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  • Writer's pictureHinton Magazine

400 companies from 58 countries to perform in 10th Theatre Olympics

From Easter to Midsummer’s night, Budapest and Hungary will become a celebratory meeting point for theatrical world as 400 companies from 58 countries converge to perform in the 10th International Theatre Olympics. Originally taking place in Greece in 1995, the event is theatrical gathering in the spirit of tradition, modernity, and the ancient Olympics. This year, companies from as far as Mexico and Japan will journey to the nation’s capital and venues around Hungary. With theatre, street theatre, dance, puppetry exhibitions and alternative arts, summer in Hungary will be packed with performance of all styles, shapes and sizes.



Representing the UK will be renowned theatre companies Complicité and Cheek by Jowl. Joining them are UK favourites such as Belgium’s Peeping Tom alongside a Ukrainian Caligula, a Chinese Faust and an Indian Macbeth. There will be a parade of giant puppets down the streets to open a two week programme of worldwide puppetry work in May, traditional Hungarian dance alongside ballet and contemporary, and a mass, international performance of Hungary’s The Tragedy of Man in dozens of language.


The slogan of the 2023 Theatre Olympics comes from The Tragedy of Man by Imre Madách: “O Man, strive on, strive on, have faith; and trust!” One of the Hungary’s greatest dramatists, born 200 years ago in 1823, the celebration of his bicentenary will be a centre point of the Hungarian Theatre Olympics.


Imre Madách’s, The Tragedy of Man, a masterpiece comparable to Goethe’s Faust, premiered 140 years ago. The work will be at the centre of special exhibition at the National Theater of Hungary, with footage and photographs as well as visual design from award-winning set designer Mira János providing theatrical framework. Madách’s work will be presented throughout the festival in conferences and new books, culminating in a large-scale, international performance. Theatre school teams from all over the world will perform excerpts from The Tragedy of Man, and then put them together in an epic joint production, performed in dozens of languages, for the festival closing ceremony on 23rd June.


With festivals within the festival, a major part of the 10th Theatre Olympics will be played by MITEM – the 9th Madách International Theatre Meeting – Hungary’s largest theatre festival at the National Theatre in Budapest. Performances include Shakespearean tragedies from Georgia, India and Italy; ancient Greek tragedies performed in Japanese; Brecht performed in Ukrainian; and Oscar winning actress Juliette Binoche performs reading The Matter of Light.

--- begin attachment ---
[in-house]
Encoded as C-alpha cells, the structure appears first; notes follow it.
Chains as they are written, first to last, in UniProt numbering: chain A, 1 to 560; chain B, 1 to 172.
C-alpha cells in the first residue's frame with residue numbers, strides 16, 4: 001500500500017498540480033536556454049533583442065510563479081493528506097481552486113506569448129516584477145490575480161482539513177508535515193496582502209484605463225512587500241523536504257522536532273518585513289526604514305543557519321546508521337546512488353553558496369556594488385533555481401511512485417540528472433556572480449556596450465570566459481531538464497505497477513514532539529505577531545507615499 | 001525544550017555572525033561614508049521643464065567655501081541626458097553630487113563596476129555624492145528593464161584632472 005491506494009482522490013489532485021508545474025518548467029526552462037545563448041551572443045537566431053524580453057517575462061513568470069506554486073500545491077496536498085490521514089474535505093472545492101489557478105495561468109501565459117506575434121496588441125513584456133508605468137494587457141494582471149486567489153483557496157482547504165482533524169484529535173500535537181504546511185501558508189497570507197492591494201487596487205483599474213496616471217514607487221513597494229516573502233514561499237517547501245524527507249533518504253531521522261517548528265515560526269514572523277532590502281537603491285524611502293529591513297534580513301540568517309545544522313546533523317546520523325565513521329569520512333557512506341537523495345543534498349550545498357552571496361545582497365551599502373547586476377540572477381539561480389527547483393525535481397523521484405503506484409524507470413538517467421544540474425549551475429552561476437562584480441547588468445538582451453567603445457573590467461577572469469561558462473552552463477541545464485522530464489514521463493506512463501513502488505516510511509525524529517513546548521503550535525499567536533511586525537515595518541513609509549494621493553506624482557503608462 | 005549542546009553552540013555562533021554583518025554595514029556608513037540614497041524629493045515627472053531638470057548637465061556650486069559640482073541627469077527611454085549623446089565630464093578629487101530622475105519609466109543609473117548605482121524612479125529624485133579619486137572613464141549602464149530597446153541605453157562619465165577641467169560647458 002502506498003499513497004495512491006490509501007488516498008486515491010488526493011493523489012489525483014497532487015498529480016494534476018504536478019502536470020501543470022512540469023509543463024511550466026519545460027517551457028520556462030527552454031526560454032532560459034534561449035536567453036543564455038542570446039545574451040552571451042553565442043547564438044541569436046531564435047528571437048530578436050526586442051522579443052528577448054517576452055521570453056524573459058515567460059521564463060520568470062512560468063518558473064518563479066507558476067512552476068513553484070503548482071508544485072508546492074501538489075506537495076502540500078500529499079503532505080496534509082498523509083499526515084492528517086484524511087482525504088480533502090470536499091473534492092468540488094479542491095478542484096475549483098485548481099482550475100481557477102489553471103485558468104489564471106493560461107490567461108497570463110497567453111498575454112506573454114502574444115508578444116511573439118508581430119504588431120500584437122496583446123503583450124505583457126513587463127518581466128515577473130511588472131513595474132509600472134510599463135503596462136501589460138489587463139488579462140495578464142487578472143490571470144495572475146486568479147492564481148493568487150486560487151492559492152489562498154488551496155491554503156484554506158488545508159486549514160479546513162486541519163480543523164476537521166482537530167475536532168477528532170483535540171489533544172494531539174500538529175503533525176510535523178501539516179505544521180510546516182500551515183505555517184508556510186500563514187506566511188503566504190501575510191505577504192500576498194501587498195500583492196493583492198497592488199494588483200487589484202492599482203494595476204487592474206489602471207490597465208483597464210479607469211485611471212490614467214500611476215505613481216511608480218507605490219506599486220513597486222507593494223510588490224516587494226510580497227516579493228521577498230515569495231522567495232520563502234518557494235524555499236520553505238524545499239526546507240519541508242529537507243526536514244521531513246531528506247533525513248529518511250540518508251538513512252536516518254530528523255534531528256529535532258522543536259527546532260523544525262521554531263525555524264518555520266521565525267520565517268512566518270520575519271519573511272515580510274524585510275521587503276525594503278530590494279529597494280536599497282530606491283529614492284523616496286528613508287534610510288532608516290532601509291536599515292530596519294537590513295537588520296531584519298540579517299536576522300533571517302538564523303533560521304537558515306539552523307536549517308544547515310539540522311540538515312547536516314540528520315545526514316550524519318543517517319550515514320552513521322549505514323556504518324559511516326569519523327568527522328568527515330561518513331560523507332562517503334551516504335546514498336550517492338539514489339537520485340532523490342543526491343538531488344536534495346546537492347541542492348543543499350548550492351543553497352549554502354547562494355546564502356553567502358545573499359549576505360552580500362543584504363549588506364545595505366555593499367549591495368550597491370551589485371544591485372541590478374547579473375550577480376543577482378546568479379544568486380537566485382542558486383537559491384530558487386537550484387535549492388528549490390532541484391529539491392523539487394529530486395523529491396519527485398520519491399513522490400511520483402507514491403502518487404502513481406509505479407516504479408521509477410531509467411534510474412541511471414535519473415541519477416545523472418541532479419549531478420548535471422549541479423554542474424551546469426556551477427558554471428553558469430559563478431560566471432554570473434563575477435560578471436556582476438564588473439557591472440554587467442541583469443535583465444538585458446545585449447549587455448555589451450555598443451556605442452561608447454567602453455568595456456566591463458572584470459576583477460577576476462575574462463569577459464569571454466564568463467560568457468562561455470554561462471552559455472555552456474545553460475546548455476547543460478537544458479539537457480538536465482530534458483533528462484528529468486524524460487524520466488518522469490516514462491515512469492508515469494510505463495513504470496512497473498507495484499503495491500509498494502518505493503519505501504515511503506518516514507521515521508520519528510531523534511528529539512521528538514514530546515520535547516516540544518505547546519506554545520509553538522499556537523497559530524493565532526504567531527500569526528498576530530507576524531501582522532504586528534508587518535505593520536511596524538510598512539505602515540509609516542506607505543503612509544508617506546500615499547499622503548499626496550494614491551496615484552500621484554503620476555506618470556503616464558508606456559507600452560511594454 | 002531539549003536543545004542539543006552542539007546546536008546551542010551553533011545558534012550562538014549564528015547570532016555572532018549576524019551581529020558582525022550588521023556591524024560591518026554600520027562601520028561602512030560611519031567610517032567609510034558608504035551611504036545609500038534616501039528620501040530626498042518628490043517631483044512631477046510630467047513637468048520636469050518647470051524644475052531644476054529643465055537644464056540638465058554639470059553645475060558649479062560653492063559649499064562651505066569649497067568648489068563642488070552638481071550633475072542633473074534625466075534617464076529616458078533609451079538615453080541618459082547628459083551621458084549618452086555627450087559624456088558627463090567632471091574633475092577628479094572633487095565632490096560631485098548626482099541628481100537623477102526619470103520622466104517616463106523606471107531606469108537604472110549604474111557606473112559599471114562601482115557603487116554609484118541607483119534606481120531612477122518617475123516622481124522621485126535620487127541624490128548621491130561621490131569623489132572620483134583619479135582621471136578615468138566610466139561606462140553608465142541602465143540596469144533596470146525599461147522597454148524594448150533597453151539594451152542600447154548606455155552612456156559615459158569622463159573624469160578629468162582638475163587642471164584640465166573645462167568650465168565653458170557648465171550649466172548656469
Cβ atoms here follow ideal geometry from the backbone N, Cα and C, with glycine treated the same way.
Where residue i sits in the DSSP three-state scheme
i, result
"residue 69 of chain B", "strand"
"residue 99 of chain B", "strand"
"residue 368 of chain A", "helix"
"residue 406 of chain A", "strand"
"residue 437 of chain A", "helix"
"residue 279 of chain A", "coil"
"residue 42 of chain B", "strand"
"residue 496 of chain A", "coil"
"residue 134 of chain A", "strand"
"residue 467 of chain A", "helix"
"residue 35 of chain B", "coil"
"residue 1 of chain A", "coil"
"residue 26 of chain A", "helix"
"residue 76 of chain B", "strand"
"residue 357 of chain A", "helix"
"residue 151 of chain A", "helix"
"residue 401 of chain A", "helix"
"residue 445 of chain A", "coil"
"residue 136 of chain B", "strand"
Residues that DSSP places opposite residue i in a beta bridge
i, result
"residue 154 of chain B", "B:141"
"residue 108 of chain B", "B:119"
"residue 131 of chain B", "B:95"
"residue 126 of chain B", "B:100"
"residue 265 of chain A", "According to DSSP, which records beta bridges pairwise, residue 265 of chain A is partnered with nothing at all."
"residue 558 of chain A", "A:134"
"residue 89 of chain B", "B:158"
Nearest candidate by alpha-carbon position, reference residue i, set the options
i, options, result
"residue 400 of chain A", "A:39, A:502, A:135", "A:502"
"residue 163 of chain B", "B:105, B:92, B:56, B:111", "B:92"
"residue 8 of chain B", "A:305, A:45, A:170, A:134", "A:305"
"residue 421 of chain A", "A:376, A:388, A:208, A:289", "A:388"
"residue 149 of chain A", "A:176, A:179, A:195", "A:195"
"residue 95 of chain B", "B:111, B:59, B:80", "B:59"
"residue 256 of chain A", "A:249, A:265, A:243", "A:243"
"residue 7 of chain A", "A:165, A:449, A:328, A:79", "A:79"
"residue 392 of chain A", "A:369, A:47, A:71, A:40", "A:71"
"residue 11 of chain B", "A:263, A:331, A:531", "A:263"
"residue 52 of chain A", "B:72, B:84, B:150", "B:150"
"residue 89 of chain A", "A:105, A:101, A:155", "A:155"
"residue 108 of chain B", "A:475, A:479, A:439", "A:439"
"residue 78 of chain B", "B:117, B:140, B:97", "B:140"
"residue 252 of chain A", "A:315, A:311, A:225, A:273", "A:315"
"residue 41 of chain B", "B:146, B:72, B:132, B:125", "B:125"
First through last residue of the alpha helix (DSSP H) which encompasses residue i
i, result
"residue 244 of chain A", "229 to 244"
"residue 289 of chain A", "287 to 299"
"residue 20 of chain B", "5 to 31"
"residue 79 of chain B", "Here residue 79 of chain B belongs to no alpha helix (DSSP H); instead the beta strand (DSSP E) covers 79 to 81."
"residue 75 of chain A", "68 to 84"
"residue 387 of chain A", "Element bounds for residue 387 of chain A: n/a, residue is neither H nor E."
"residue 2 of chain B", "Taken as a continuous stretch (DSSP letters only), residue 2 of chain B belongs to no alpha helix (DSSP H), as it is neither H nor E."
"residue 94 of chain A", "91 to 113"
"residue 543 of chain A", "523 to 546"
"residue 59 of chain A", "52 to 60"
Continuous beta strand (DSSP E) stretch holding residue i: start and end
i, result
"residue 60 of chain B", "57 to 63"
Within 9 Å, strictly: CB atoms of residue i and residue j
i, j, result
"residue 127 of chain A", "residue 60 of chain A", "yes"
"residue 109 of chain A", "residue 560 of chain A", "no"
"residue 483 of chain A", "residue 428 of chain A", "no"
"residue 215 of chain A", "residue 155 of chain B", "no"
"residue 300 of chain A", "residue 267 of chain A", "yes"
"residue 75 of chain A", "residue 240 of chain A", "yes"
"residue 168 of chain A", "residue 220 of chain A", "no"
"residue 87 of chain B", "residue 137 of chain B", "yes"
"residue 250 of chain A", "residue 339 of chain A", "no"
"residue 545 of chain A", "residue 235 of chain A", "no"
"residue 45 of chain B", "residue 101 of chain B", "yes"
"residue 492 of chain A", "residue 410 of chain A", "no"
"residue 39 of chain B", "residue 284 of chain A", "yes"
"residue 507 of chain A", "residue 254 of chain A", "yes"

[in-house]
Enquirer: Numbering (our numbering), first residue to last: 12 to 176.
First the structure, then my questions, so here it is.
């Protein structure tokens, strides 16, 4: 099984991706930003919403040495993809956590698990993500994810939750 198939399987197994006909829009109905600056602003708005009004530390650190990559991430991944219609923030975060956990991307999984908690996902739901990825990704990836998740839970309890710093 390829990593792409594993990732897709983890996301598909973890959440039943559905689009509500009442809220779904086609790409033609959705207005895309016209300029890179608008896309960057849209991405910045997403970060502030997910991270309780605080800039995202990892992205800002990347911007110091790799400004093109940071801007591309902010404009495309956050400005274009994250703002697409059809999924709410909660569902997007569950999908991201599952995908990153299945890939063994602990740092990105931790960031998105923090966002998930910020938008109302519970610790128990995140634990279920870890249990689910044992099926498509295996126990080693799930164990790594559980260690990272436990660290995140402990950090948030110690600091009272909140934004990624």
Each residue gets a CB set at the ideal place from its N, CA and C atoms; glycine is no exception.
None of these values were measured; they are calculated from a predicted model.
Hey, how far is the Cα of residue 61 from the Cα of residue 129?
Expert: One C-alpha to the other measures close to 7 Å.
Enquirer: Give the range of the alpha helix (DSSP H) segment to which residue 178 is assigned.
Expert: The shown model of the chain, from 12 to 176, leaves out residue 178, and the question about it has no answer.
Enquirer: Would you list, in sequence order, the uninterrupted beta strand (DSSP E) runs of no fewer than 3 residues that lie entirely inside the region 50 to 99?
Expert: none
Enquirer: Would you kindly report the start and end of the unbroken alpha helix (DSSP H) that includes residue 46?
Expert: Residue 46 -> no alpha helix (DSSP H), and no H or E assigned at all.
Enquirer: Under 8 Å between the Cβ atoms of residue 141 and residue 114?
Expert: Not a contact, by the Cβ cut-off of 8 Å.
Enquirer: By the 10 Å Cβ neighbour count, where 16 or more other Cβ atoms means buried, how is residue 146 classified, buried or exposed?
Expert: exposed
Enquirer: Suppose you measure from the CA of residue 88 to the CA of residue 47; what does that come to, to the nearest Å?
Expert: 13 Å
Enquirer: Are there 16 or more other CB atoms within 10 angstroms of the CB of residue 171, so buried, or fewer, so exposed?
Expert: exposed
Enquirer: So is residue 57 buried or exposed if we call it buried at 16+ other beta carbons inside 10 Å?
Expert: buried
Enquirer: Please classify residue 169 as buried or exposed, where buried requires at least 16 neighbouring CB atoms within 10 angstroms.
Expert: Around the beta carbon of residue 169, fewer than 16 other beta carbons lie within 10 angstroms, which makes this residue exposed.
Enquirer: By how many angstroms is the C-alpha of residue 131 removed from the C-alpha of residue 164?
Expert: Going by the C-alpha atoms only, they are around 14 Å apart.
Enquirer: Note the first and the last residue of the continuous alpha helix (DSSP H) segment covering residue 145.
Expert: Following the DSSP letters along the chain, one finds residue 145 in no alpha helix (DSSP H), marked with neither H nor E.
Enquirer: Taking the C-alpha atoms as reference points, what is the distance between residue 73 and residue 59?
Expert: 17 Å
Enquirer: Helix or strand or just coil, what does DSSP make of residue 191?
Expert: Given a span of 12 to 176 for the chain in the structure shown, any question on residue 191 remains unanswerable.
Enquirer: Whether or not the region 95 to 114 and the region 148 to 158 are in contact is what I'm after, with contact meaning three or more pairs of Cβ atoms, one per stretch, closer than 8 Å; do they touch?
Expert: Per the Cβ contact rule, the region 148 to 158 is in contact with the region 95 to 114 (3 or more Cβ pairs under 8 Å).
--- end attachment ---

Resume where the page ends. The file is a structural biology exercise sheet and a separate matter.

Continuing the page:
Opening with a parade of giant puppets in the streets, other highlights of the Theatre Olympics include ABSTRACT – 1st Budapest International Contemporary Puppet Festival. It will host some of the most exciting performances from France, Spain, Portugal, Mexico and beyond, as well as Dutch puppeteer Duda Paiva, Stephen Mottram from England, and German-born Ilka Schönbein. The Budapest Operetta Theatre, which is 100 years old this year, will also host a week long Csárdásfürstin Festival.



The theatres in Budapest and all over Hungary will join the Hungarian Olympics; and they will host one production from abroad and one from a transborder Hungarian theatre – the choice of which is up to them. In this way, the Hungarian-language theatres of Hungary's neighbouring countries can be part of the Olympics, and the invitation of international companies can create long-term partnerships for Hungarian theatres.


Theodoros Terzopulos, Chairman of the International Committee of the Theatre Olympics, said, “Hungary, with its great and far-reaching theatrical traditions, has been taking an active part in the global developments in the field of theatre practice and theory. Budapest, a beautiful and unique monument of the world’s cultural heritage, is an international cultural metropolis ready to build bridges connecting other theatrical traditions. Well-staffed with talented and experienced artistic, technical and administrative experts, the National Theatre is the institutional hub of Hungarian theatre that is as open to avant-garde international theatrical proposals as it is to upholding the principles of tradition. Thus it is well-placed to build new bridges between different schools and stage languages. In this day and age when homogenization of the theatre is the prevailing trend, the National Theatre, whose motto is reconciliation and New Humanism, embraces diversity, tolerance and multiculturalism.”

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